Climate change's frost harms early plant reproduction, study finds

February 5, 2016
Studying the western spring beauty wildflower, Dartmouth College's Zak Gezon and his colleagues found that climate change may harm early-flowering plants not through plant-pollinator mismatch but through frost damage. Credit: Zak Gezon

Climate change may harm early-flowering plants not through plant-pollinator mismatch but through frost damage, a Dartmouth College-led study shows.

The findings appear in the journal Global Change Biology.

Climate change has many ecological effects, such as altering flowering phenology, or the blooming time of wildflowers, across the world. Altering blooming time often affects plant reproduction and survival, but the mechanisms behind these changes are not well understood.

The researchers used two large-scale field experiments to assess how altering the phenology of the western spring beauty affects plant-pollinator interactions and plant reproduction. The iconic white and pink mountain wildflower is visited primarily by native bees collecting nectar and/or pollen. The researchers found that altering blooming time caused low plant reproduction, but the cause of the reduction depended on the direction that the blooming time was altered. Contrary to their predictions, advanced blooming time did not reduce pollinator visits but caused low plant reproduction due to frost damage. Low reproduction due to disrupted plant-pollinator interactions was only achieved by delaying blooming time. Thus, plants face trade-offs with advanced flowering time: while early-flowering plants can reap the benefits of enhanced pollination, they do so at the cost of increased susceptibility to frost damage that can overwhelm any benefit of flowering early. In contrast, delayed flowering results in dramatic reductions in plant reproduction through reduced pollination.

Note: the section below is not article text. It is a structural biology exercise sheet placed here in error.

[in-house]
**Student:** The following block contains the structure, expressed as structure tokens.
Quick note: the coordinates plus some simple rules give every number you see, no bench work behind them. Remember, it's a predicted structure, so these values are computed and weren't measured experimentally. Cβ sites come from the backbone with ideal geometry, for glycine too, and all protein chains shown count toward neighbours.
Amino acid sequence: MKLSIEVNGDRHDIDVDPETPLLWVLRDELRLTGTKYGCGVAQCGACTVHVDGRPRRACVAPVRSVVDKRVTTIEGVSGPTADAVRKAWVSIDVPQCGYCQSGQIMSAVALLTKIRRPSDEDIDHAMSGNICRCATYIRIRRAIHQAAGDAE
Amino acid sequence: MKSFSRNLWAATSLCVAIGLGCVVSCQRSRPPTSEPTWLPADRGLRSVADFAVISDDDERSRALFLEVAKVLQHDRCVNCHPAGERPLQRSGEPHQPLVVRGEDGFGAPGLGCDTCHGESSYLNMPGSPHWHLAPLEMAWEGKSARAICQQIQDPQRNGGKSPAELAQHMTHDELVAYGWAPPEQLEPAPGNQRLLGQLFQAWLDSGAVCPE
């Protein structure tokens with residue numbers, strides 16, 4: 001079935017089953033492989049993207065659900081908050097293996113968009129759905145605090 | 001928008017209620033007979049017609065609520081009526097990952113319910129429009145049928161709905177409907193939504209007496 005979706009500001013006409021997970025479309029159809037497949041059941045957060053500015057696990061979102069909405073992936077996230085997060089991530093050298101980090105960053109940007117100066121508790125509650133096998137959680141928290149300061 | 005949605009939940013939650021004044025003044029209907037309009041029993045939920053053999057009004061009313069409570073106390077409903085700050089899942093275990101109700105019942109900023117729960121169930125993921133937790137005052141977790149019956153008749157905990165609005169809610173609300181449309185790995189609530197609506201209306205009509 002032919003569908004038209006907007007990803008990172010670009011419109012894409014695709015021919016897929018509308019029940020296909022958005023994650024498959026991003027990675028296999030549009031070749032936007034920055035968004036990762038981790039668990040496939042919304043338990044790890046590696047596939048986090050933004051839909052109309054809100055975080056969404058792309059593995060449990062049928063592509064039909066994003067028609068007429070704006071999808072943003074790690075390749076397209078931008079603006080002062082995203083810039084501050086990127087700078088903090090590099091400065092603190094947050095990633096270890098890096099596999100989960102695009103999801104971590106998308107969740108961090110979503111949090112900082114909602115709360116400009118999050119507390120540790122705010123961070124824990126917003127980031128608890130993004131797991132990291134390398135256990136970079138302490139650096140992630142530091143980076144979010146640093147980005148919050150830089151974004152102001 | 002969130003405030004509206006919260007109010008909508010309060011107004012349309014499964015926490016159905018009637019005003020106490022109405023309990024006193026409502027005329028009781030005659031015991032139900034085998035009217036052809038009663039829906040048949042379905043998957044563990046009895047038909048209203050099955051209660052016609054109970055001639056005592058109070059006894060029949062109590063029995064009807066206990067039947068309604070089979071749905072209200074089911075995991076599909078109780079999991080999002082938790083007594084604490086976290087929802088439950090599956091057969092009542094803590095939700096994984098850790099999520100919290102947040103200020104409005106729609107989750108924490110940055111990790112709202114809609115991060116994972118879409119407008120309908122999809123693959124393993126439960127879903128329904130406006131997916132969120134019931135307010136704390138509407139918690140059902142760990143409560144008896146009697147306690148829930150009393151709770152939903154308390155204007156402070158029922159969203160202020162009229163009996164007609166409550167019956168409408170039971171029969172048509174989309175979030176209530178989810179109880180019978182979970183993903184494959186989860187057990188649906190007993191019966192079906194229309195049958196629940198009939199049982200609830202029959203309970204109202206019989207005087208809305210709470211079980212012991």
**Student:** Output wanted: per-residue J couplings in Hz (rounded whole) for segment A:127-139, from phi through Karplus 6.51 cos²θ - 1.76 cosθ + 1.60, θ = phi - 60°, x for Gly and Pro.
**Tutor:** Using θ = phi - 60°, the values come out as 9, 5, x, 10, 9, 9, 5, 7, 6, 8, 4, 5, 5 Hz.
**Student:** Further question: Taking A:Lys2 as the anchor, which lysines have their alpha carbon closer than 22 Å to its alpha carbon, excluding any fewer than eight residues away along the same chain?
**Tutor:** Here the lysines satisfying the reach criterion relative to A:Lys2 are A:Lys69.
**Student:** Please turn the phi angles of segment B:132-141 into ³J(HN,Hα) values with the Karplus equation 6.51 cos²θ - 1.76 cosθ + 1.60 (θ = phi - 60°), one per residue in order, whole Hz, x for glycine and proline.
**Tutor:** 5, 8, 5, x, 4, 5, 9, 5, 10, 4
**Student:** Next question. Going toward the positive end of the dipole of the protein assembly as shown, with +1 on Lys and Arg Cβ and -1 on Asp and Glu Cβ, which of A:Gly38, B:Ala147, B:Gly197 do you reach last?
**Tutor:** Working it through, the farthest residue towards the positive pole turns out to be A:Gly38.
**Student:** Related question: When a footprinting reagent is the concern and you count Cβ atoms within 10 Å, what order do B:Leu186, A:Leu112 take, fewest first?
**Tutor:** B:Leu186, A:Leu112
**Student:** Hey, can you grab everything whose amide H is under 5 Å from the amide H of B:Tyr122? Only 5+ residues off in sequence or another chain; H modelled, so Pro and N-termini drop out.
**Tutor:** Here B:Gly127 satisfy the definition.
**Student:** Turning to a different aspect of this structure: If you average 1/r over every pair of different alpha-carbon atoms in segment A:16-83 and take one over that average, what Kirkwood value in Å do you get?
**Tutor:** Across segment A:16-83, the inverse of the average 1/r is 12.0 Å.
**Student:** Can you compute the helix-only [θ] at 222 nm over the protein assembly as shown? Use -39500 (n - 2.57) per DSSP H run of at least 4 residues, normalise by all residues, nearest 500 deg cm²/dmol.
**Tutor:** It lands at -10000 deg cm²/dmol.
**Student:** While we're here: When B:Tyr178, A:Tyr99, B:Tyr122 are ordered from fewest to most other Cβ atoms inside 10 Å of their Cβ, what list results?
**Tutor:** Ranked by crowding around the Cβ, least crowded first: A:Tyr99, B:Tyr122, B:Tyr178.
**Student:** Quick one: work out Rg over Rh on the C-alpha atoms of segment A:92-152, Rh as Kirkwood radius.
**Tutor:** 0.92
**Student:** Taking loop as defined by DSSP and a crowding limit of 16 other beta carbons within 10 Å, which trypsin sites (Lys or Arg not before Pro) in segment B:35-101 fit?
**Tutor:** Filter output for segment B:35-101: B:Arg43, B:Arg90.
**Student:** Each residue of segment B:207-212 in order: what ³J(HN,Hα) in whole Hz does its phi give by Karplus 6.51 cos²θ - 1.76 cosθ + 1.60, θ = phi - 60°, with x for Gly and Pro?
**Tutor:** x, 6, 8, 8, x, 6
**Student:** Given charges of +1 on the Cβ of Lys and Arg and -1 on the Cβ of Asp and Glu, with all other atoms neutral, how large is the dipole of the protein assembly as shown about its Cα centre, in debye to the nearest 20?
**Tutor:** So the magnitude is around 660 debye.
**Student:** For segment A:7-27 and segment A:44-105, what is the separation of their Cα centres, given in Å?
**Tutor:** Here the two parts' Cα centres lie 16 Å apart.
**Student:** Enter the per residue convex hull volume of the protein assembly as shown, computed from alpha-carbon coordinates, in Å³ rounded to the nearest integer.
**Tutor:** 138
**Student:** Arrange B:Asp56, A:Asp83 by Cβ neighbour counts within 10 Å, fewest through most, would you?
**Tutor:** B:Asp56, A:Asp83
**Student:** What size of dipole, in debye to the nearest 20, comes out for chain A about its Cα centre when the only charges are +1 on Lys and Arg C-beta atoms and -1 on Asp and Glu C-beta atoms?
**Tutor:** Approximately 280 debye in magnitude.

Dartmouth College scientists studied the impact of climate change and frost damage on the western spring beauty wildflower, shown here in their research meadows in spring and winter. Credit: Zak Gezon

"As phenology is advancing around the globe, there are concerns that plant-pollinator interactions may be disrupted through phenological mismatches, or mismatches in the timing of when flowers bloom and their pollinators emerge, leading to reduced plant reproduction," says lead author Zak Gezon, who conducted the research as a doctoral student at Dartmouth and who is now a conservation biologist with Disney's Animal Programs. "Our results suggest, however, that may constrain reproduction of early-flowering plants mostly through the direct impacts of rather than disrupted plant-pollinator interactions."

Explore further: Dicamba drift affects non-target plants and pollinators

More information: Zachariah J. Gezon et al. Phenological change in a spring ephemeral: implications for pollination and plant reproduction, Global Change Biology (2016). DOI: 10.1111/gcb.13209

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